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Mistletoe Therapy | Spirit Working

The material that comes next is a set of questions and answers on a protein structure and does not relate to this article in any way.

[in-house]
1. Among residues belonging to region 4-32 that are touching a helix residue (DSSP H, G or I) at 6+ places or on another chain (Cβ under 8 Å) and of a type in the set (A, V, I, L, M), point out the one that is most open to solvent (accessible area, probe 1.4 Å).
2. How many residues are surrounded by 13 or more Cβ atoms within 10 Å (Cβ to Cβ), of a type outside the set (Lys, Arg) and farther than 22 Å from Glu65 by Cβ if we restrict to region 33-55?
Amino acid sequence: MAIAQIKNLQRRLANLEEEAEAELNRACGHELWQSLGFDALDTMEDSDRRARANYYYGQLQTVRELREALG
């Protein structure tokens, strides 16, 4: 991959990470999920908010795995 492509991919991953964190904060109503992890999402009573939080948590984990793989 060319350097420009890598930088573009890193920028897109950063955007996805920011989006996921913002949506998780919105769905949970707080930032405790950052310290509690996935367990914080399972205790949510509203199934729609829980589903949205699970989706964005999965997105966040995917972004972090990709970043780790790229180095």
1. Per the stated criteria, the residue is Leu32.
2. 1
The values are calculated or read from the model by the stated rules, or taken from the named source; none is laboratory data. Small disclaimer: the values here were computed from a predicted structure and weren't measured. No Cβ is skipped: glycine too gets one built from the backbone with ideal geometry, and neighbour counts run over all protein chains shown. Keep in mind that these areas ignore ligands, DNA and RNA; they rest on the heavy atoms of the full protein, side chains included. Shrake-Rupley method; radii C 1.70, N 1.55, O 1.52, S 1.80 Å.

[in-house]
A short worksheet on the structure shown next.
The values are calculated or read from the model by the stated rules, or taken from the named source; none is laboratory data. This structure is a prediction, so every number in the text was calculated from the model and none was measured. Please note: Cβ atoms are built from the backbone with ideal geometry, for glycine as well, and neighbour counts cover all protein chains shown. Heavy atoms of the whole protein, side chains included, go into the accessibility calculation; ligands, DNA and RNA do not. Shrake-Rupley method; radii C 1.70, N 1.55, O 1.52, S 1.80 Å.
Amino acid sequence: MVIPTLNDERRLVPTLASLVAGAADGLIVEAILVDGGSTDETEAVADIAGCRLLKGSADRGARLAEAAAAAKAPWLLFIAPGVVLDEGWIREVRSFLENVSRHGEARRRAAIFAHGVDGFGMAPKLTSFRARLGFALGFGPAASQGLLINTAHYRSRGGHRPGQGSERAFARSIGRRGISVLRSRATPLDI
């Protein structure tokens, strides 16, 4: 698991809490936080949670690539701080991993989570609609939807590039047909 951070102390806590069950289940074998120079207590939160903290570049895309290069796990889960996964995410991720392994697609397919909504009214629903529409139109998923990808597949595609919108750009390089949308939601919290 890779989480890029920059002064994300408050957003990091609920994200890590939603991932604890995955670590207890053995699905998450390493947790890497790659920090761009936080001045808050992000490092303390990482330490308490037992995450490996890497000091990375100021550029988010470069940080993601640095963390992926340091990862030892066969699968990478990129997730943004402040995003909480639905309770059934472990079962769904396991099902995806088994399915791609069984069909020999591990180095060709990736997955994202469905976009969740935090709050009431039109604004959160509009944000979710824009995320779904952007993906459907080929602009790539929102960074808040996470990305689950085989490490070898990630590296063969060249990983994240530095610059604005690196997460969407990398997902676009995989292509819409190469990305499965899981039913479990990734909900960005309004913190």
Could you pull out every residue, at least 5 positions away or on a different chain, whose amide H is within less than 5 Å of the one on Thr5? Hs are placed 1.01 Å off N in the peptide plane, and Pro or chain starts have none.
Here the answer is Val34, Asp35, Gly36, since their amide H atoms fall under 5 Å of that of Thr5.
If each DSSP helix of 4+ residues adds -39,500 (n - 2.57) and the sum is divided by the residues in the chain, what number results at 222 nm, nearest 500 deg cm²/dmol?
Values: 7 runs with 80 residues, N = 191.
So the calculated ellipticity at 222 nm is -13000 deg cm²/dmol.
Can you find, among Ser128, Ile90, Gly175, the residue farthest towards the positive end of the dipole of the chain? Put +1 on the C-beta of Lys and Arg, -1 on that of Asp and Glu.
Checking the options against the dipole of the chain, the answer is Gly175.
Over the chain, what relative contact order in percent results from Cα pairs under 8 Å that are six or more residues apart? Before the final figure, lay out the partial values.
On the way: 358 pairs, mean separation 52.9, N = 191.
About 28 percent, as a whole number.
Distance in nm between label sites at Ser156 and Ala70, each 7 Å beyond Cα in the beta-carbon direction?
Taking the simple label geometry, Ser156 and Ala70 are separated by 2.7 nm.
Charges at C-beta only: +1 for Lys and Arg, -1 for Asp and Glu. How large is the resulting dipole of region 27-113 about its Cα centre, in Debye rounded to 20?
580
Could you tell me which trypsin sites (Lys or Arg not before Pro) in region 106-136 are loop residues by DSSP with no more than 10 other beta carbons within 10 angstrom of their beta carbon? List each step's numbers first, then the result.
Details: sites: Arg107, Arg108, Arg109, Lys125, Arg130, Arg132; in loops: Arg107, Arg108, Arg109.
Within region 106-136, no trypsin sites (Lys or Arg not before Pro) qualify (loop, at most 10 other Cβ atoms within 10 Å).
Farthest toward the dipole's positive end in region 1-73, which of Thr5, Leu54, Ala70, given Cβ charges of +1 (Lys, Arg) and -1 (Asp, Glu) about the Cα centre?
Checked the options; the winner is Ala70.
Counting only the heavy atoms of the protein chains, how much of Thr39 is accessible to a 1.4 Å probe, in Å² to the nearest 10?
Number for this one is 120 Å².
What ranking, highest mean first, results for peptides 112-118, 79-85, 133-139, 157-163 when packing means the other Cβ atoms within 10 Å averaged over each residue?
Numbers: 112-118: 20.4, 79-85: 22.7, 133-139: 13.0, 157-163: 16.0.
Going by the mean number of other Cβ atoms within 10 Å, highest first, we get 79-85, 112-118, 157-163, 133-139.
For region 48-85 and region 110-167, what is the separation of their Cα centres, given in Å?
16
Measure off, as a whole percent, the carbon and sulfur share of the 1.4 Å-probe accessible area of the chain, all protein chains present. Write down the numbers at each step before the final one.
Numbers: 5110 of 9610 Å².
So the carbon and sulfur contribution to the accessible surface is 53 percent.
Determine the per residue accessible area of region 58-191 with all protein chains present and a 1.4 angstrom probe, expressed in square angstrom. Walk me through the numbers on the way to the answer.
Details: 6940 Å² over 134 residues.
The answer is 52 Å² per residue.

Mistletoe Therapy Beth W. Orenstein RADIOLOGY TODAY / DECEMBER 23, 2002 The Christmastime tradition of hanging a sprig of mistletoe above the doorway originated in Greek folklore. Now, another use for the plant is becoming popular in the United States — complementary cancer therapy. Almost two years ago, the scientific and clinical review committees of the Kimmel Cancer Center at Thomas Jefferson University Hospital, Philadelphia, Pa., looked at available research on the use of mistletoe as a supportive treatment for cancer patients. They concluded that it was an acceptable supportive therapy for patients seeking such options. Ever since, the prescription-only medicine made from the extracts of the European mistletoe plant has been offered as part of care to cancer patients through Jefferson's Center for Integrative Medicine. "I believe it is helpful, and I suggest it to my patients," says Steven Rosenzweig, MD, founding director of the center, which integrates complementary therapies